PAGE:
Kim Block was an anchor on WGME’s news for 39 years. She has now officially stepped down from that position after more than a year out of work because of a traumatic brain injury suffered from a fall on the ice last winter.
I don’t know Kim, other than having met her at some function years ago, but I have known many with TBIs and the devastation such brain injuries can cause.
Traumatic brain injuries, like too many other illnesses or disorders, can be challenging simply because the person affected may look perfectly fine. Just as someone with heart disease may seem hail and hearty, or the individual with diabetic neuropathy may look the picture of health, the outward appearance of someone with a TBI can seem exactly the same as prior to the accident.
And the rest of us can easily forget – or dismiss – the struggles that person may be having. Worse, those who don’t know, may jump to conclusions about the individual, calling him lazy or stupid or faking it…
Years ago, I went into work with a migraine, and a student’s father accosted me in the parking lot because I’d failed that kid on a take-home test that was completed in her father’s handwriting, not hers. As I was trying to maintain my equilibrium and quiet the pounding in my head, this very same father accused me of being drunk. It was interesting that this was the conclusion that he jumped to, which clearly said more about his life than it did about me.
Anyway, Kim’s message below, which I’ve reprinted from a Facebook post, is powerful. You never know what someone else is dealing with. Be kind.
A statement from CBS 13’s Kim Block to you
Hello everyone. I’ve missed you! I’m grateful for this opportunity to catch you up on why I’ve been gone so long and what will happen from here.
A little over a year ago, I suffered a concussion, also known as a traumatic brain injury. It happened very fast. It was snowing outside and I had made it out of my slippery driveway, but needed to go back inside for something I had forgotten.
We had recently had a nice thaw, but it was cold again and patches of melted water had refrozen. The soft, gentle, light snow was covering a very sizable chunk of ice that had formed near my front porch. In one single swoop, my feet came out from underneath me, and I landed hard. Now here’s the scary part. It was the back of my head that broke my fall. It smashed not once, but popped up and smashed again, sending my body into a tailspin of whiplash and contortionist poses. And something happened I had never felt before. The gelatin like tissue that holds our brain smashed back and forth against the interior of my skull. It is in this process that our brain nerve cells are stretched and rendered non-functional, at least temporarily. Every single concussion is different, and most people will recover quickly – those brain cells have an amazing capacity to heal. But it can take a very long time.ADVERTISING
In my case, by the next day I began suffering with unrelenting vertigo, nausea, pounding headaches, severe photophobia and hyperacusis – sensitivity to light and noise.
I could not walk a straight line and I needed to hold on to walls to walk around my house.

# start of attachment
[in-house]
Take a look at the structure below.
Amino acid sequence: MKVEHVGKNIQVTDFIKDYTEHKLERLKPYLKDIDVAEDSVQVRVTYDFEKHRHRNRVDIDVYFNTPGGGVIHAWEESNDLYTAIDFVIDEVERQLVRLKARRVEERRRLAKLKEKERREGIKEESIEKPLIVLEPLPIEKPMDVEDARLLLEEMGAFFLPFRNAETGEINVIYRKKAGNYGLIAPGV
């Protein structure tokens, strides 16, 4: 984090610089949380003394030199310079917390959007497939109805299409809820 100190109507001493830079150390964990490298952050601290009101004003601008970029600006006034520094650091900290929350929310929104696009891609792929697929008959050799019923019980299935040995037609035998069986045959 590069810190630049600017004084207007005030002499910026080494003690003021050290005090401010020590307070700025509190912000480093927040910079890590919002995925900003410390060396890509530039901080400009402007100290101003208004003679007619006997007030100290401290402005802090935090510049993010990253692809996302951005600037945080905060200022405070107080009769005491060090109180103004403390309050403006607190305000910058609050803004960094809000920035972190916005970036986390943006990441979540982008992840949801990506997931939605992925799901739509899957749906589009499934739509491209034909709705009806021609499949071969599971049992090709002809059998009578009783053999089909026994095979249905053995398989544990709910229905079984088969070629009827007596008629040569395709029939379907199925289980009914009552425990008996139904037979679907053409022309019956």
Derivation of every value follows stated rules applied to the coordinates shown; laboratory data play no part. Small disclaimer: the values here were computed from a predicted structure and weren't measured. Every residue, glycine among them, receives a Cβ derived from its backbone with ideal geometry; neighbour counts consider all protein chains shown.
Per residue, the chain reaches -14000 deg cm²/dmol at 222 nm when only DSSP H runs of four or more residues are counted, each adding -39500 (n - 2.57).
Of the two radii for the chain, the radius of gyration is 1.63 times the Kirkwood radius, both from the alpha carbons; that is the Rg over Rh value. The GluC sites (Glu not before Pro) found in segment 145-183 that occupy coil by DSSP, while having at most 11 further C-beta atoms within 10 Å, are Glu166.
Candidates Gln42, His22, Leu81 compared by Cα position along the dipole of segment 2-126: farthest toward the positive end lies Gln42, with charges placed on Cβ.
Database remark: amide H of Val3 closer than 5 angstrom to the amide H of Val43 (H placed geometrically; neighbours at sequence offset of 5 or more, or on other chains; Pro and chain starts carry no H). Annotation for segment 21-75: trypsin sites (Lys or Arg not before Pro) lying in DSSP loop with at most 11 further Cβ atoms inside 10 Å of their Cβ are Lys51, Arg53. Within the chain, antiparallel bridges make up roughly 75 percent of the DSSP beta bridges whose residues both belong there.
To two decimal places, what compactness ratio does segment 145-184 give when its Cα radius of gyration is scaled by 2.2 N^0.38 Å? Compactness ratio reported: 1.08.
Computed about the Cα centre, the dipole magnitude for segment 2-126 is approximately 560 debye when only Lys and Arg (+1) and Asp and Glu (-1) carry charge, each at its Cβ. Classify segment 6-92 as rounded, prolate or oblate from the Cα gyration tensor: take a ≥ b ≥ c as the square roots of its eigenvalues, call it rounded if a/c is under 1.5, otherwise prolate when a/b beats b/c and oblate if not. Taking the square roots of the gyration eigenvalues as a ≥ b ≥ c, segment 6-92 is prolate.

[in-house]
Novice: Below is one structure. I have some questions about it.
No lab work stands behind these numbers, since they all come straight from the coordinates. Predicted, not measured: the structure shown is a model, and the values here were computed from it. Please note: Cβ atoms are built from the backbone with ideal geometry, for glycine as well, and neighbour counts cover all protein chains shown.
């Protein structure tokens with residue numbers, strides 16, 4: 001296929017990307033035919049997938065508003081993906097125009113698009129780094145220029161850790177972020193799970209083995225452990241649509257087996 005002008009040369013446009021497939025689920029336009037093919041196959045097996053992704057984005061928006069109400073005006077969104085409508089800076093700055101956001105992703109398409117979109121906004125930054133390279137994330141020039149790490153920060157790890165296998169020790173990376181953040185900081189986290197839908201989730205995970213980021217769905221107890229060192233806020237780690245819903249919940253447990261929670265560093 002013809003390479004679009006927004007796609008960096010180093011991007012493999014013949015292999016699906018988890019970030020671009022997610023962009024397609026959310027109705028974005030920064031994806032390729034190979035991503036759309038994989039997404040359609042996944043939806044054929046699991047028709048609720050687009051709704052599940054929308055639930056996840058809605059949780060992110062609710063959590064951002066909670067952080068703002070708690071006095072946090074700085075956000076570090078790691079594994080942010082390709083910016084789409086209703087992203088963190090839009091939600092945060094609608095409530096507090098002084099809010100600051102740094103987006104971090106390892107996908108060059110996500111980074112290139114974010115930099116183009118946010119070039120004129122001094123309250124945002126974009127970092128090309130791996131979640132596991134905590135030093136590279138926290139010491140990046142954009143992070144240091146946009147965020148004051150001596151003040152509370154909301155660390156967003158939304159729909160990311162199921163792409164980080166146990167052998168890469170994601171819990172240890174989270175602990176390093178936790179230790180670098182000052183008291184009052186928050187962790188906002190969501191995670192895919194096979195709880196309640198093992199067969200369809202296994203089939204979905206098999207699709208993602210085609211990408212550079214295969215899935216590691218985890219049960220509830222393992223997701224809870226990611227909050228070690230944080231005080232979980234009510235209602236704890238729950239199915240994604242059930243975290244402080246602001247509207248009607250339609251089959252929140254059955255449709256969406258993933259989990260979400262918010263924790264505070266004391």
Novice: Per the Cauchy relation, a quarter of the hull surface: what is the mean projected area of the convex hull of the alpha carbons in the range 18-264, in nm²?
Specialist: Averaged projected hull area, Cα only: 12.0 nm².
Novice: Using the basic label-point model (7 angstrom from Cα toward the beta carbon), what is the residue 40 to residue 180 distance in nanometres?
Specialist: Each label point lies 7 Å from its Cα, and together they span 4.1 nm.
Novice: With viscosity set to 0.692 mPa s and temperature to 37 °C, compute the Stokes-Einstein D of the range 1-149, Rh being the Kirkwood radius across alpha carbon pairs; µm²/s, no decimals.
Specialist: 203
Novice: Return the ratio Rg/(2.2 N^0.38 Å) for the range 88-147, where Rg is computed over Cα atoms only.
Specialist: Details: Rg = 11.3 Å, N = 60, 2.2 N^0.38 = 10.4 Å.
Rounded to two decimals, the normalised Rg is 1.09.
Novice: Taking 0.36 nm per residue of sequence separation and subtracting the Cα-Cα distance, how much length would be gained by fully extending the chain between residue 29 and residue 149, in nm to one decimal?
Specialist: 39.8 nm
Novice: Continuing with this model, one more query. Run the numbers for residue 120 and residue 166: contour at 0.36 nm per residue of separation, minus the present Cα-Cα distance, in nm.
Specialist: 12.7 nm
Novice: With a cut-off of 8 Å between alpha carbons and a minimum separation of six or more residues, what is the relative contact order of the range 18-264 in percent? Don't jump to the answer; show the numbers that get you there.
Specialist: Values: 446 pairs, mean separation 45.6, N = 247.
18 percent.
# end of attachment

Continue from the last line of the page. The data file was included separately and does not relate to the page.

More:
I could not drive, cook, read, watch television, hold lengthy conversations, fold socks or sort the mail.
And the never ending pounding in my head was nearly unbearable.
But after more than a year of intensive therapies and hard work, both physically and emotionally, I have come a long way. I can do some of those things, but many are still difficult.
Which brings me to this moment.
I have visualized this very moment for the past 375 days. Every single day I have wondered and worried about coming back to this anchor desk and to all of you.
But – and here’s the big but – although my recovery has been very positive, it’s taking longer than any of us had hoped or expected.
I still need time to continue healing and I’m going to be taking it.
I’m officially stepping down from my position here on the anchor desk – one I’ve held for the past 39 years. I assure you this a mutual decision and I am incredibly grateful to my station and company for standing by me the past year. My co-workers have stepped up and stayed in touch and never once did I feel they weren’t on my side.
My friends and family have encircled me with their love and support – driving me to all my appointments and generally believing in me.
You can’t imagine how difficult it is to leave my anchor role – but the good news, is it’s not necessarily goodbye. The door is open for another new chapter here at WGME, and I can assure you that if I can – I’ll find my way back to you.
In the meantime, I do want to encourage you to learn more about concussions and traumatic brain injuries.
The injury is a lot more common than you may think. It’s also an invisible injury, so be gentle with people trying to navigate this active, noisy, bright, challenging world. To my fellow TBI warriors, I got you.
To all of you – I ask a few favors.
My social media accounts will stay active for a few more weeks. I’d love to hear from you. I’m happy to answer your questions. I’d love to hear if I’ve interviewed you and a little about your memories from the past 39 years. Maybe you can help me remember!
If you see me out and about, please say hello. I’ll be the one with the sunglasses and noise cancelling headphones, but I won’t break and I definitely don’t bite. This is still our community and I’m going to be very much a part of it.
And finally, be careful out there. Take it a little slower than you think you need to. Rest your brain. It’s doing all the work. Hold your loved ones close and remember life can change in a single moment.
It has been my greatest honor to have told many of your stories and to have brought you the news of our day.
To my co-workers, my family, my friends, my extraordinary medical team and all of you – I love you.
Let’s do our best to always show our grace.
Thank you for everything.